Long answer: stop going on about "scientists" and "a scientist." Science doesn't depend in the slightest on what scientists think, or conclude, or their "views." That probably sounds absurd to you, but only because you've been immersed in the climate-science debate rather longer than is healthy for the human brain. Try to remember what your genre of argument would have sounded like 30 years ago, before public science was dragged back to the Age of Experts, commonly known as the Middle Ages. (Hint: it was about physical evidence.)

Anyway, thanks again for the feedback—I get it. I need to start letting people know what I really think.

October 25, 2013 | Unregistered CommenterBrad Keyes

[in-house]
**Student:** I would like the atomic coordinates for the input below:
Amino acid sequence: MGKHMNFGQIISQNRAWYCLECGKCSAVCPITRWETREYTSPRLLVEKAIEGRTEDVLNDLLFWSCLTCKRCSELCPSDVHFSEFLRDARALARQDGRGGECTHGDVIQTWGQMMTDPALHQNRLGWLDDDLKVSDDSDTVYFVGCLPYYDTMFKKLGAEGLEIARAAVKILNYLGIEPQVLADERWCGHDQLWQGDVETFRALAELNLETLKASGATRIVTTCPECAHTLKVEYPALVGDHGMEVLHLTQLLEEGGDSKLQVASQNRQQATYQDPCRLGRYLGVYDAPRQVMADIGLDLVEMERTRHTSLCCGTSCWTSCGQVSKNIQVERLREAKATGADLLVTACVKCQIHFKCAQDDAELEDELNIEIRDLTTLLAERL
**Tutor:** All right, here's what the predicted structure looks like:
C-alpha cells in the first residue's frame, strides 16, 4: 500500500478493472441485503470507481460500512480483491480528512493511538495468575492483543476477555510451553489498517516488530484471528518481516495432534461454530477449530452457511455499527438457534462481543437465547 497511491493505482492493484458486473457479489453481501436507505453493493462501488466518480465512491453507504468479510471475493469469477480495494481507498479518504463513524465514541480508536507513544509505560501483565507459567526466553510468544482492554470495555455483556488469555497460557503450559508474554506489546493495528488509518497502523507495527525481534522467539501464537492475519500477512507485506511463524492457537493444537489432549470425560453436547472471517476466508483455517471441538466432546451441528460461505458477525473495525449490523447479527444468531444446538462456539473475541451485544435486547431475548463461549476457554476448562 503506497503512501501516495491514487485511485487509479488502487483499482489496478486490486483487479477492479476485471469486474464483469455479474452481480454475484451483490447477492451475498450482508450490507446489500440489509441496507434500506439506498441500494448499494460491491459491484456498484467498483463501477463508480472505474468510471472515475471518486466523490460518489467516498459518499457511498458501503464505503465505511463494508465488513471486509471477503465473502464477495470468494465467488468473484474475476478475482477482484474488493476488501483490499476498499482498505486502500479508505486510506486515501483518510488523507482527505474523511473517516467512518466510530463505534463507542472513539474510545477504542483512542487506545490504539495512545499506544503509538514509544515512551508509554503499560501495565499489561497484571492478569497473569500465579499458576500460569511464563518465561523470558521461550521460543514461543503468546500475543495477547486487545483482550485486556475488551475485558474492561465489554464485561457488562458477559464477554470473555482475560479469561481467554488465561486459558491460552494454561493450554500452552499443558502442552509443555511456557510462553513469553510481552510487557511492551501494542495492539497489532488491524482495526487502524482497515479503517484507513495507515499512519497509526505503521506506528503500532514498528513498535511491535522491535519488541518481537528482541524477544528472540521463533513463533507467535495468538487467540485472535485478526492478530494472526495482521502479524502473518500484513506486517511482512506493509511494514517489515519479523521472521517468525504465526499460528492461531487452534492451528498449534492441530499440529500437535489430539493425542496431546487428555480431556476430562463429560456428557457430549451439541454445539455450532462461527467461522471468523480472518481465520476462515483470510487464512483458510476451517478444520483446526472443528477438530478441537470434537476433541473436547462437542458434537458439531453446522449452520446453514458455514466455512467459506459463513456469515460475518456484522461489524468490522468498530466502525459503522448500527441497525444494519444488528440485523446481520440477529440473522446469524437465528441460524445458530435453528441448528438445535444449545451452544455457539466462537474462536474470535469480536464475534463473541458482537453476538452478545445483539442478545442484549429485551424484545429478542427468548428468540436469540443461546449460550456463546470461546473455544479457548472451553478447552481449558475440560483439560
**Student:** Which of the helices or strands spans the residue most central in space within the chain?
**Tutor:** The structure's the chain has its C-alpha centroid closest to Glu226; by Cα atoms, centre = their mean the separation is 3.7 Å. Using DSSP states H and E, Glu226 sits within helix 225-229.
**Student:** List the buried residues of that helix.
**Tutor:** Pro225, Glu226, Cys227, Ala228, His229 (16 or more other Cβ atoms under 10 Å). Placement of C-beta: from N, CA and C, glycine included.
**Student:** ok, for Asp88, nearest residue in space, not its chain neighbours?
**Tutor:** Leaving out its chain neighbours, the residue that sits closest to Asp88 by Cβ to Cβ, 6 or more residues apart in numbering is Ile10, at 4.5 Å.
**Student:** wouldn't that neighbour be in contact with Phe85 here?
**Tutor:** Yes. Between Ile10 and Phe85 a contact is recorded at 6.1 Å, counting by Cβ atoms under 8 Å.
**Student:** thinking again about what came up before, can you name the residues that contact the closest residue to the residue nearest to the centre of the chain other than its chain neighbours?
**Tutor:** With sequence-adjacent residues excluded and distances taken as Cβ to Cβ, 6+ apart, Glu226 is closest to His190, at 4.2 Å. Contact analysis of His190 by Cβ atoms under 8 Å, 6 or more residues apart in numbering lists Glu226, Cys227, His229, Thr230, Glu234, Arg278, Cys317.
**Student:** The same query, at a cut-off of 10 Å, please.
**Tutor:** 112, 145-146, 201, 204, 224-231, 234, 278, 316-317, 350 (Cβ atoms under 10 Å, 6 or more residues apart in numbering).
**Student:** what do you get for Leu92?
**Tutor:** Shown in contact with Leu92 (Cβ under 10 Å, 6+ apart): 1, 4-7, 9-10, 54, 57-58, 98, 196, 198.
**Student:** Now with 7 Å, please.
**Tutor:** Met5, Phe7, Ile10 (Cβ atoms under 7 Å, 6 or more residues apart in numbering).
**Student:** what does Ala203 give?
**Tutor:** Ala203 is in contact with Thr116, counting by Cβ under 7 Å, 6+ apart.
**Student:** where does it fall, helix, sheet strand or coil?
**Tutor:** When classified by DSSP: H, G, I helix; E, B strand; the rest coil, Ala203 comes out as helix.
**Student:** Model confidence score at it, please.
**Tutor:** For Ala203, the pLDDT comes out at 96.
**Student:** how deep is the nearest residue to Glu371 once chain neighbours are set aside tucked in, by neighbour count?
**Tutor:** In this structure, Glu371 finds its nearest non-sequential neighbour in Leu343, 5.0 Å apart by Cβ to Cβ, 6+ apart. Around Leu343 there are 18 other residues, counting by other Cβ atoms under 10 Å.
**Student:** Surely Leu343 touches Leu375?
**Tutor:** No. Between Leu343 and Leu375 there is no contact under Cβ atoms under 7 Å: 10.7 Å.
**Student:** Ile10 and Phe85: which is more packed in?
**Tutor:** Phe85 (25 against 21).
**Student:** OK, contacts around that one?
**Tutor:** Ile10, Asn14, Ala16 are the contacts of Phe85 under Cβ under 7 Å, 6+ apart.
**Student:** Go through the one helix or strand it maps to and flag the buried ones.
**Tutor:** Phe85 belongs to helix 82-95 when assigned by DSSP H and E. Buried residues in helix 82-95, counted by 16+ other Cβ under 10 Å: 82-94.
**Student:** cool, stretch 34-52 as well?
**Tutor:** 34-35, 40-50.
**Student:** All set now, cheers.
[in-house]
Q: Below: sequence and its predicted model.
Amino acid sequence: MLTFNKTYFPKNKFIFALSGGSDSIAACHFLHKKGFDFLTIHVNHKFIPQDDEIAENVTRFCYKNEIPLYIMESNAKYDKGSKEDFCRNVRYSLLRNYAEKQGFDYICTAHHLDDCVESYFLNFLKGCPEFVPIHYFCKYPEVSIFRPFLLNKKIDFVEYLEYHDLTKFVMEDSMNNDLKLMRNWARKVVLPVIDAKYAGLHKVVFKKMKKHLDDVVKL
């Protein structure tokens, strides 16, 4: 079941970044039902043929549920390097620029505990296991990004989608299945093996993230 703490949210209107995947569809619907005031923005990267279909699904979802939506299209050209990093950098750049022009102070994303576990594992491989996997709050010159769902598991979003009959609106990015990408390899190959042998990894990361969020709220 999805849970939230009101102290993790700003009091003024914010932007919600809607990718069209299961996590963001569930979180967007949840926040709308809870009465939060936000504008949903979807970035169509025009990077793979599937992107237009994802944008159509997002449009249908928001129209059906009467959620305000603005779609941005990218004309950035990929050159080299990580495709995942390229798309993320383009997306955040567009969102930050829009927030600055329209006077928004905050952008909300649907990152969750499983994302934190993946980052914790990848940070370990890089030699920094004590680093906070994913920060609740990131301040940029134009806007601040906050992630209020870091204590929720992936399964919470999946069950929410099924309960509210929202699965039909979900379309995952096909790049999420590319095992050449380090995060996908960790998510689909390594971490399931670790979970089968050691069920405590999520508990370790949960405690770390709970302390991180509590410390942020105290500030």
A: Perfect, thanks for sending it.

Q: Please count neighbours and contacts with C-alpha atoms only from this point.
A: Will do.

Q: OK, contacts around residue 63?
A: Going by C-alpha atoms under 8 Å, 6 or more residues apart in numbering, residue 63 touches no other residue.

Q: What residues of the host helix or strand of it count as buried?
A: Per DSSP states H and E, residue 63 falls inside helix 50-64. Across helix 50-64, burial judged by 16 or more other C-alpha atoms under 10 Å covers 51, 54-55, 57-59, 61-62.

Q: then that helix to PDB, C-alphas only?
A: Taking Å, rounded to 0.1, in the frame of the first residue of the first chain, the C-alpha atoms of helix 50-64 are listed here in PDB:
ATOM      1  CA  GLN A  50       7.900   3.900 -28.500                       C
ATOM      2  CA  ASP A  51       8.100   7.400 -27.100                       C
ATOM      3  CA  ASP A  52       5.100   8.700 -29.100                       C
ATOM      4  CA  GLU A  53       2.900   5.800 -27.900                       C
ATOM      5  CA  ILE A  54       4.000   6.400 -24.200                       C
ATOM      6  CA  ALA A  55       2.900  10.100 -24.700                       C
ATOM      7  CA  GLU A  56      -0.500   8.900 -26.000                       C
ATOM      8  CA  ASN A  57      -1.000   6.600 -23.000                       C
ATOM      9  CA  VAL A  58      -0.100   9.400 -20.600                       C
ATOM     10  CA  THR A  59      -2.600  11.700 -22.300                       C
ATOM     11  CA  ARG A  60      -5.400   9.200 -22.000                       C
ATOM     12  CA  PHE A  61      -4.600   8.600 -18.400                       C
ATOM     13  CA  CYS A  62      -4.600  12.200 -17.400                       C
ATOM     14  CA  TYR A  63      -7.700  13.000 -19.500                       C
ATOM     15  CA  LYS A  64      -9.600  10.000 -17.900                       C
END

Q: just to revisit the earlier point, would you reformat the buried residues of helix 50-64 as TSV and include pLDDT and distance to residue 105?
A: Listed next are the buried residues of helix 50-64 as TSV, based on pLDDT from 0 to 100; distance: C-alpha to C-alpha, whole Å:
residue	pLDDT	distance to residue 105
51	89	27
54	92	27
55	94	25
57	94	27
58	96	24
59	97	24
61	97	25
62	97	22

I appreciate your characteristically thoughtful comment, Dan! For some reason I wasn't made aware of it by the "Notify by email" function—which only seems to tell me about the thoughts of fellow readers.

Here is the sticking-point, it seems:

You know that "science itself doesn't treat such "consensus" as having any bearing on whether such an answer is true." Yet you think the public should.

The reason science doesn't treat such "consensus" as meaning anything is that it doesn't mean anything. Why waste public bandwidth on meaningless non-evidence, unless one's intent is to trick people into believing *cough* the truth? I'm still waiting to hear an honorable explanation for the practice. It certainly has no connection at all to "science's way of knowing"—you just explained this yourself!

Worse, in "communicating" consensus, one not only tricks the public on the particulars of the issue. The laws of conversational implicature mean that one is also deceiving people on a more profound level. After all, when one conveys a message, one simultaneously conveys the message that this is worth conveying. But it isn't. It's meaningless. Yet the public no longer understands this. Quite the opposite. The public has "learnt" that consensus matters in science.